January 17, 2023 by
Lucy Gardner Carson
Katharine L. Cheung, M.D., Ph.D.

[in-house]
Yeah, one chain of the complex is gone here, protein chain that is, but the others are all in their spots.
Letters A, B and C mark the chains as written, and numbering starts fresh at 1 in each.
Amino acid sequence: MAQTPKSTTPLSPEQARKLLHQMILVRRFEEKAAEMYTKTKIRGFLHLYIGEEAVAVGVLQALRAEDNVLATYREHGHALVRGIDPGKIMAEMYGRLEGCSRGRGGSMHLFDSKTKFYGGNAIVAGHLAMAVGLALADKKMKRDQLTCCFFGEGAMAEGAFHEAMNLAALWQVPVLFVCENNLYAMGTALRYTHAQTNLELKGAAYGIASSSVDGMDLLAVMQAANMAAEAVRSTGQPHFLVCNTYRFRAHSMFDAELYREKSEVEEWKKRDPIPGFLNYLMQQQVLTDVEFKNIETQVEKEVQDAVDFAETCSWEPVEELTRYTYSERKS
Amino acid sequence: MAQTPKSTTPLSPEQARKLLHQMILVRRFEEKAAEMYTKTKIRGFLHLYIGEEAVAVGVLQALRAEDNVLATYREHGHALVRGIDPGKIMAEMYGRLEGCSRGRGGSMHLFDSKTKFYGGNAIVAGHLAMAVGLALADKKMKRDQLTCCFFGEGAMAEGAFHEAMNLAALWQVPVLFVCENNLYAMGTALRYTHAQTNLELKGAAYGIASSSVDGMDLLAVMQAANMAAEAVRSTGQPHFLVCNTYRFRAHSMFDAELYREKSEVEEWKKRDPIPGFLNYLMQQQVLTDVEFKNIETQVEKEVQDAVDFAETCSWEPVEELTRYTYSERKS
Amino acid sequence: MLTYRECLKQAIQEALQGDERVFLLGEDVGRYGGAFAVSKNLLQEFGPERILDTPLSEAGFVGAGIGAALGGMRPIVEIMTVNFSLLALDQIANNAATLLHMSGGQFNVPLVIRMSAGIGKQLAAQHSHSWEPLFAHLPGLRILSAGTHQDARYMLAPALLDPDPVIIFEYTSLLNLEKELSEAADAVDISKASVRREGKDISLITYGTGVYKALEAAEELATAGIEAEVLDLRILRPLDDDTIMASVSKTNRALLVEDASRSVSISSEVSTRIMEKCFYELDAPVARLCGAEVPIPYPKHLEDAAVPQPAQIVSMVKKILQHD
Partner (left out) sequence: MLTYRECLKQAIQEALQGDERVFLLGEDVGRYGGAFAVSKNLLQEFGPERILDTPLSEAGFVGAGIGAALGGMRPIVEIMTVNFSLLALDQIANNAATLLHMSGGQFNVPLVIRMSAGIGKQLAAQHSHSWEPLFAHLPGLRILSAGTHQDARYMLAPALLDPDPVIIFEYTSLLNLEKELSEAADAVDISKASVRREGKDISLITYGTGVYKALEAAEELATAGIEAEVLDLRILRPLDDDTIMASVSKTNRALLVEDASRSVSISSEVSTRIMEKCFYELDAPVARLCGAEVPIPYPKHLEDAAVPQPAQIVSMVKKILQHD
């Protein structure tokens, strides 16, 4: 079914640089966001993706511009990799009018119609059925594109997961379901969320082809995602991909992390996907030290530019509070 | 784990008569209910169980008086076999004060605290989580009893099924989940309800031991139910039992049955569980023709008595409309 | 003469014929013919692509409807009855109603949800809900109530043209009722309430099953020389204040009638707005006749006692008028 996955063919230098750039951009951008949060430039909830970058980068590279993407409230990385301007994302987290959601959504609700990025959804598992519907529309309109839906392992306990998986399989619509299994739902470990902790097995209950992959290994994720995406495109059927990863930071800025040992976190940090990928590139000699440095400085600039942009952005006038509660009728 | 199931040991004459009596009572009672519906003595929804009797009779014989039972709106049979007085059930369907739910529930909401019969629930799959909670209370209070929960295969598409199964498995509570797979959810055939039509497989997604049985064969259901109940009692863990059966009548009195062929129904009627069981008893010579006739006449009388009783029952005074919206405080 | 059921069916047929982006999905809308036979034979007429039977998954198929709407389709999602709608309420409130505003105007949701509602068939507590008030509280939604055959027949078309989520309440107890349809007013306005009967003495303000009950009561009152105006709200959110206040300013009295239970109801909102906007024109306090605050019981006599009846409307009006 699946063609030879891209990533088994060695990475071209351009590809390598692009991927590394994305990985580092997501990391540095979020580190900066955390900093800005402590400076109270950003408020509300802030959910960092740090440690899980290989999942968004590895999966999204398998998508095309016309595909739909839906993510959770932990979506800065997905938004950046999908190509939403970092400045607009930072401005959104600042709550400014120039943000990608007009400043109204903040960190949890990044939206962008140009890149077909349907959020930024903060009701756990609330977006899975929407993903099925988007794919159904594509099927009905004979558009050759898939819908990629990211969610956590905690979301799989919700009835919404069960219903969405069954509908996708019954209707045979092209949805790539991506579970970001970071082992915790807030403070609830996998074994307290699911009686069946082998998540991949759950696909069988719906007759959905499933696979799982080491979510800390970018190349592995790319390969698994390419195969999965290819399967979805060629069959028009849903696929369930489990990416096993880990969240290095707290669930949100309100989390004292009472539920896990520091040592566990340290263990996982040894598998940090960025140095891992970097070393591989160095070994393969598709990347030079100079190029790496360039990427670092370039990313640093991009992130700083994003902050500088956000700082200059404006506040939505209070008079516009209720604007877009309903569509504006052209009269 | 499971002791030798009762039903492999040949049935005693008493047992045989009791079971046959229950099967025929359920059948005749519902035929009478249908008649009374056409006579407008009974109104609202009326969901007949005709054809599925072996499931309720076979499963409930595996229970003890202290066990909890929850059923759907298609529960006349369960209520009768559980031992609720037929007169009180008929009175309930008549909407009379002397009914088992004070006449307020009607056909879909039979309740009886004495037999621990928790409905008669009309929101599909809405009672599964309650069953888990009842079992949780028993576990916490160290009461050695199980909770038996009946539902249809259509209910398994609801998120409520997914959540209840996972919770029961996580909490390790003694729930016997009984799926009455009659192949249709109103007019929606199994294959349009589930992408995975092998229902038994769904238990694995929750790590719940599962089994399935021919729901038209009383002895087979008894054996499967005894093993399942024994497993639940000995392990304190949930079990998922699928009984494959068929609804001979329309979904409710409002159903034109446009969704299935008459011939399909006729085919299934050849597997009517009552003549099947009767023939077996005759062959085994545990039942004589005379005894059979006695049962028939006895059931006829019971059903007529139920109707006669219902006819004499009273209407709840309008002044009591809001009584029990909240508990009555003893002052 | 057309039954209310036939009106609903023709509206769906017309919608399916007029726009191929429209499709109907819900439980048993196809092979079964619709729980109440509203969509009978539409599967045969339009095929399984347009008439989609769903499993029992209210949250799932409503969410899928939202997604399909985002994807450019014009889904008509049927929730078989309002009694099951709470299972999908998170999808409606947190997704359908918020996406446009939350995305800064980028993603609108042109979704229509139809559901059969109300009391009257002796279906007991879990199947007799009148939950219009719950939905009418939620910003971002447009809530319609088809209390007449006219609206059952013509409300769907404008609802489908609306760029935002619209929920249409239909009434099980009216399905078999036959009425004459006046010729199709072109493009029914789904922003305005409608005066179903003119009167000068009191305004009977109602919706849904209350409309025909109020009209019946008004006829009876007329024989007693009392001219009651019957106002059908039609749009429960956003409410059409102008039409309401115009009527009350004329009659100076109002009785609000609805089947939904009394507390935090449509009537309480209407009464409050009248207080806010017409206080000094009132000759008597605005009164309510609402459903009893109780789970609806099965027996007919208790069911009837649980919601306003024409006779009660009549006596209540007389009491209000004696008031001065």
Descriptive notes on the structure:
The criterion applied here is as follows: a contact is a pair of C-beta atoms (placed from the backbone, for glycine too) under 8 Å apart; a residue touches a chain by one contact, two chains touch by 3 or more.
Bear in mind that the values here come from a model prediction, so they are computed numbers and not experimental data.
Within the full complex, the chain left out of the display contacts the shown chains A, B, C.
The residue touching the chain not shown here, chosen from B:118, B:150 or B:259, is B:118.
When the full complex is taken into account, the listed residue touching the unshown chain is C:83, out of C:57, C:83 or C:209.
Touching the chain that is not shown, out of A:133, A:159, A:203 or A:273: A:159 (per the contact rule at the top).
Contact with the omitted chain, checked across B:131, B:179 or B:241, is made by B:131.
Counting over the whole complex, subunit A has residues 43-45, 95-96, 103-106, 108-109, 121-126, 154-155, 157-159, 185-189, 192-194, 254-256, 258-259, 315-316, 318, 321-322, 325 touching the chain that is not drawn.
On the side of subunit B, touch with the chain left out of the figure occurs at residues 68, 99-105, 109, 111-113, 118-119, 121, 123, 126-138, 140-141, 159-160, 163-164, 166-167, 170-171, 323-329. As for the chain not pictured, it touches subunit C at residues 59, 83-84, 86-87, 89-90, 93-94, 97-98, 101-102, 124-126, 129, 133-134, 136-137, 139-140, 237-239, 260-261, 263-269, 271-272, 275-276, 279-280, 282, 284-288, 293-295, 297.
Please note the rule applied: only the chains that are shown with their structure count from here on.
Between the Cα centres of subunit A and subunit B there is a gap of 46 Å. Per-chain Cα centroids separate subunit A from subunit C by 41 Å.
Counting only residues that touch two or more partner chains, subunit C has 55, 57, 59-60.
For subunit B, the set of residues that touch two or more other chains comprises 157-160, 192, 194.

(JANUARY 17, 2023) A recent study by Katharine L. Cheung, M.D., Ph.D., assistant professor of medicine, and colleagues shows that residence in the so-called stroke belt of the southeastern United States is an independent risk factor for incident chronic kidney disease (CKD), Renal & Urology News reported. Individuals who live in that region - which includes Alabama, Arkansas, Georgia, Louisiana, Mississippi, North Carolina, South Carolina, and Tennessee - have a significant 14 percent higher risk for incident CKD compared with individuals who do not, in a fully adjusted model, Dr. Cheung’s team reported in the American Journal of Kidney Diseases. “It is noteworthy that the increased risk of CKD among residents of the U.S. stroke belt was independent of established CKD risk factors that disproportionately impact the southeastern U.S., including smoking, diabetes, low socioeconomic status, and cardiovascular disease,” they wrote. “These findings suggest that other factors may contribute to the development of incident CKD in those residing in the US stroke belt.”
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